Criminal justice reform has taken center stage in New York City over the past year, from closing the infamous Rikers Island, to upgrades in evidence discovery, to efforts that could make trials faster.
But none seemed more long awaited than the ban of cash bail for many crimes.
Cash bail is something public defenders and justice reform supporters have rallied against for years, calling the system requiring all bail money upfront before someone is released from police custody something that unfairly targets the poor and people of color. It prevented many from leaving jail for the same low-level crimes, misdemeanors and non-violent felonies a wealthier person could pay their way out of while they await trial.
But not everyone was convinced. In the days leading up to the elimination of cash bail some community leaders and law enforcement members expressed concerns, especially if it helped put someone on the street that shouldn’t be there while they wait for their day in court.
State Sen. Alessandra Biaggi heard many of those concerns, especially surrounding people accused of violent crimes. But the law doesn’t eliminate cash bail for those accused of domestic violence, rape and murder. In fact, unless they can pay the bail or a judge orders otherwise, they are not eligible to go free before their trial.
“Bail reform makes sure that every New Yorker who is accused — and accused is a very important thing to note — of minor or non-violent crimes will not sit in prison as they await trial, for months,” Biaggi said.
The most common crimes, at least as far as the 50th Precinct is concerned, fall under misdemeanors and non-violent felonies. Petty larceny and grand larceny were the two most common crimes in the 50th in 2019, according to New York Police Department data, and those arrested for either type of crime will no longer be forced to pay a cash bail.
In the week since the reforms went into effect, some New York lawmakers have floated the possibility of making changes to the law after suspects in some higher-profile cases were released without bail. At this point, however, no formal change to the cash bail reform has been proposed.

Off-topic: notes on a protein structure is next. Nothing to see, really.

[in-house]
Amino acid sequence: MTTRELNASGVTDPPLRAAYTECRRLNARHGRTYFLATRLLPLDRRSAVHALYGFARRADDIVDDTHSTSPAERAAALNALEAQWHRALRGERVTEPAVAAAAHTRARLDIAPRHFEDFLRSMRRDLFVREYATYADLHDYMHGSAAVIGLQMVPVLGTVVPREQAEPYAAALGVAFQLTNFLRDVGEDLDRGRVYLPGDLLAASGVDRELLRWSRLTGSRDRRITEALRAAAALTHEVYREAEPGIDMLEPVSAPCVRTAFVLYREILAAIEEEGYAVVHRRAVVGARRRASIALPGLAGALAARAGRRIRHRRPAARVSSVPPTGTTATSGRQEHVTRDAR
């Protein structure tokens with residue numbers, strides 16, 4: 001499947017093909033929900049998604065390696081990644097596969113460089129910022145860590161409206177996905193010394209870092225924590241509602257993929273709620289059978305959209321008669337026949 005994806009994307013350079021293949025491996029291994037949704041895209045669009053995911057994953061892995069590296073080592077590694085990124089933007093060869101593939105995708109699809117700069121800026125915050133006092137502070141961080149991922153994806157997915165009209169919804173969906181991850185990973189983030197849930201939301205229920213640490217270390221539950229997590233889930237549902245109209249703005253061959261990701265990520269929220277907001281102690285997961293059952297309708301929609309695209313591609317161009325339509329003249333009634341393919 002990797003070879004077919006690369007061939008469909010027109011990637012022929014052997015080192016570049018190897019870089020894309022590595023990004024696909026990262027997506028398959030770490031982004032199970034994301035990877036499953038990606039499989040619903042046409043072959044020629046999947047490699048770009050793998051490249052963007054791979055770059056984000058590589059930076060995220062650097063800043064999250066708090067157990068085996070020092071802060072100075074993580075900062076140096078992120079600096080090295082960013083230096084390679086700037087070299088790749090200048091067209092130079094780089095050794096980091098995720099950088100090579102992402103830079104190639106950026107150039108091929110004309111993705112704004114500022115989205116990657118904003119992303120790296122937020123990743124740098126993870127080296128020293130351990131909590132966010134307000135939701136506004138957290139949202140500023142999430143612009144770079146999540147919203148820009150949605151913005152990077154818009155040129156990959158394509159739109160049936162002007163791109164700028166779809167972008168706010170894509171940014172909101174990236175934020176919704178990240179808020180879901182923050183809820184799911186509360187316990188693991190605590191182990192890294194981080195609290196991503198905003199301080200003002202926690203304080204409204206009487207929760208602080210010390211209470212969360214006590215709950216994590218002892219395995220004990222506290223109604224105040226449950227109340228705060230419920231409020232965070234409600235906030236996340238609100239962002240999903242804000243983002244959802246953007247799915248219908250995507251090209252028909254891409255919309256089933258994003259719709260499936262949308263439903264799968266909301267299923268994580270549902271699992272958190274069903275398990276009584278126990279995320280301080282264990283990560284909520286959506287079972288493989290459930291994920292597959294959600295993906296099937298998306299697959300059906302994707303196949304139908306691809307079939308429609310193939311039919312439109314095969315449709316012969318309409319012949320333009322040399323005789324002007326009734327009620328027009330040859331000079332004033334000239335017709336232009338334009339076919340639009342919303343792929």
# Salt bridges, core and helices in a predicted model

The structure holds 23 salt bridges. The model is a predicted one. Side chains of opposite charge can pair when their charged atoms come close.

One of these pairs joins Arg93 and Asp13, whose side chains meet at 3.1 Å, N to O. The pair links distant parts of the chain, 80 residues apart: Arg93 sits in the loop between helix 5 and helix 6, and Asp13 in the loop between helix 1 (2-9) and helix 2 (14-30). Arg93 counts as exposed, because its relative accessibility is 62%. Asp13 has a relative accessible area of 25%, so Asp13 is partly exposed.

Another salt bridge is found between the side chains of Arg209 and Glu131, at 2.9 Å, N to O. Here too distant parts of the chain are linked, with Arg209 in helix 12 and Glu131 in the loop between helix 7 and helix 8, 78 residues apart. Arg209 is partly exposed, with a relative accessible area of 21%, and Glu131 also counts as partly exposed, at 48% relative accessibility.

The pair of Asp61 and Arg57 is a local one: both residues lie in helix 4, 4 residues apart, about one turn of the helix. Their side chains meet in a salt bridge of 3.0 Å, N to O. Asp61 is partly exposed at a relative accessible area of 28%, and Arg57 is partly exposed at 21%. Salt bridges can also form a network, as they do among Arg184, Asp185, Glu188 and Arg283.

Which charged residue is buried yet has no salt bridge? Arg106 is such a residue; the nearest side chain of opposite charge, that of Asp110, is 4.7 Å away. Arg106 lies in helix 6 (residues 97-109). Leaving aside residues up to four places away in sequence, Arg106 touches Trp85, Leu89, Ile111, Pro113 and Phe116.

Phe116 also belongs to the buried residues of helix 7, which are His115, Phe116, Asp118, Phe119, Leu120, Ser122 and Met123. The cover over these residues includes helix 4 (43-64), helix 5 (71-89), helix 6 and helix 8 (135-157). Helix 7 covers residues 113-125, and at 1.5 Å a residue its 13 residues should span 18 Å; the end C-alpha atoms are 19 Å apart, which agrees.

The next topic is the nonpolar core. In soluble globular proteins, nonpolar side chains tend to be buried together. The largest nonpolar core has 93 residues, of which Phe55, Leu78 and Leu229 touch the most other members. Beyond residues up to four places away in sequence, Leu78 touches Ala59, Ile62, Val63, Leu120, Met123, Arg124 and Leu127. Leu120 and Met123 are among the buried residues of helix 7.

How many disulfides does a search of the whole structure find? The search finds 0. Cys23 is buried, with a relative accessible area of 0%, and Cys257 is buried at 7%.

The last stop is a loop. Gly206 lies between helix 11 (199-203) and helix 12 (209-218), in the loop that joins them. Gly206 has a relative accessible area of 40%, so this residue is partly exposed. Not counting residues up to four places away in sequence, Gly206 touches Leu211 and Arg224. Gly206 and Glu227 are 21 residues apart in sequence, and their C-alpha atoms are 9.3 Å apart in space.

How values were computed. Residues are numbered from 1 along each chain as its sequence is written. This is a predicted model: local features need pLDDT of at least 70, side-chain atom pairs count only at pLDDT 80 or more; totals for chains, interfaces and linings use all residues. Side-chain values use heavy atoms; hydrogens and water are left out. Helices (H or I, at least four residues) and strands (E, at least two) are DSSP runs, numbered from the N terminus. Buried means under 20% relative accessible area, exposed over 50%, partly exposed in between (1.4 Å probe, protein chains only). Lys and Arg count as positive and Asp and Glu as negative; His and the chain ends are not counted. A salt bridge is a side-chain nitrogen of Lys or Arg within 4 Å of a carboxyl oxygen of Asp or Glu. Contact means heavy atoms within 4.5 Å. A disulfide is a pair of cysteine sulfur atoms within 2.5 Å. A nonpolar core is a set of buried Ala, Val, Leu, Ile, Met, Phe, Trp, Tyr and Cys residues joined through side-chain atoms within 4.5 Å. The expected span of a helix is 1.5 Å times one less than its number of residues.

Those accused of violent felonies — including felony assault, rape and murder —will still be held before trial, although some sex crime defendants will not be.
According to the Mayor’s Office on Criminal Justice, 55 percent of those in jail eligible for bail are black. 33 percent are Hispanic, while only 7 percent are white. According to the same office, as of April 1, more than 5,000 people were in jail awaiting trial. More than 2,000 of those people had committed misdemeanors and non-violent felonies.
Bail, initially, was a way to ensure those accused of crimes would show up for their day in court.
Over time, it has become a way to keep people contained while they wait for their trial date.
“Bail is a mechanism for release,” said Scott Levy, chief policy counsel at the Bronx Defenders. “It’s not supposed to hold people in jail. It’s only because we have lived for so long in this world where it has been used to detain people that it has started to seem natural and normal.”
The criminal justice system should reflect the policy of “innocent until proven guilty,” Levy added.
Having Rikers Island inside her senate district has helped fuel Biaggi’s work on criminal justice reform, she said.
“There is a real important emphasis on getting this right, because the conditions at Rikers are not humane,” Biaggi said. “It’s not OK. It’s very good that this is going to be a jail that closes. We can’t be sending people there that can’t make bail simply because they can’t come up with a couple hundred dollars, when someone else can leave just because they can come up with a couple hundred dollars.”
Biaggi emphasized the oft-misunderstood differences between prisons and jails. People in jail are awaiting trial, and have not been tried or convicted. After someone has stood trial and been convicted of a crime, they are sent to a prison. Most Rikers Island detainees have yet to be convicted of a crime.
Levy was optimistic new policies that would keep regular contact with those awaiting trial would prove effective. Dodging trials is less common than people might think, he said, and is even less often purposeful.
“Overwhelmingly, when people miss court, it’s not because they are fleeing the jurisdiction,” he said. “It’s because they got the days mixed up. Or they overslept. What we know is if you are able to maintain contact with people, and give reminders, people will come to court.”
And, while for some people, remembering and attending their court dates is easy, many people who are in the criminal justice system have other complications in their lives, and may need a simple reminder of when and where their court date is. They also might need a little help getting there.
The Bronx, for years, has leaned toward releasing people rather than holding them on bail, Levy noted.
“The Bronx courts have developed a culture of release and have been quietly leading the way,” he said. “The bail reform is not going to have a dramatic impact on the rate of release as it may have in other parts of the state, where court culture is different.”
Still, Biaggi said, not all courts act like the Bronx criminal courts.
“This will be an attempt, and I think a successful one, at making and creating a criminal justice system that is treating everyone the same,” Biaggi said.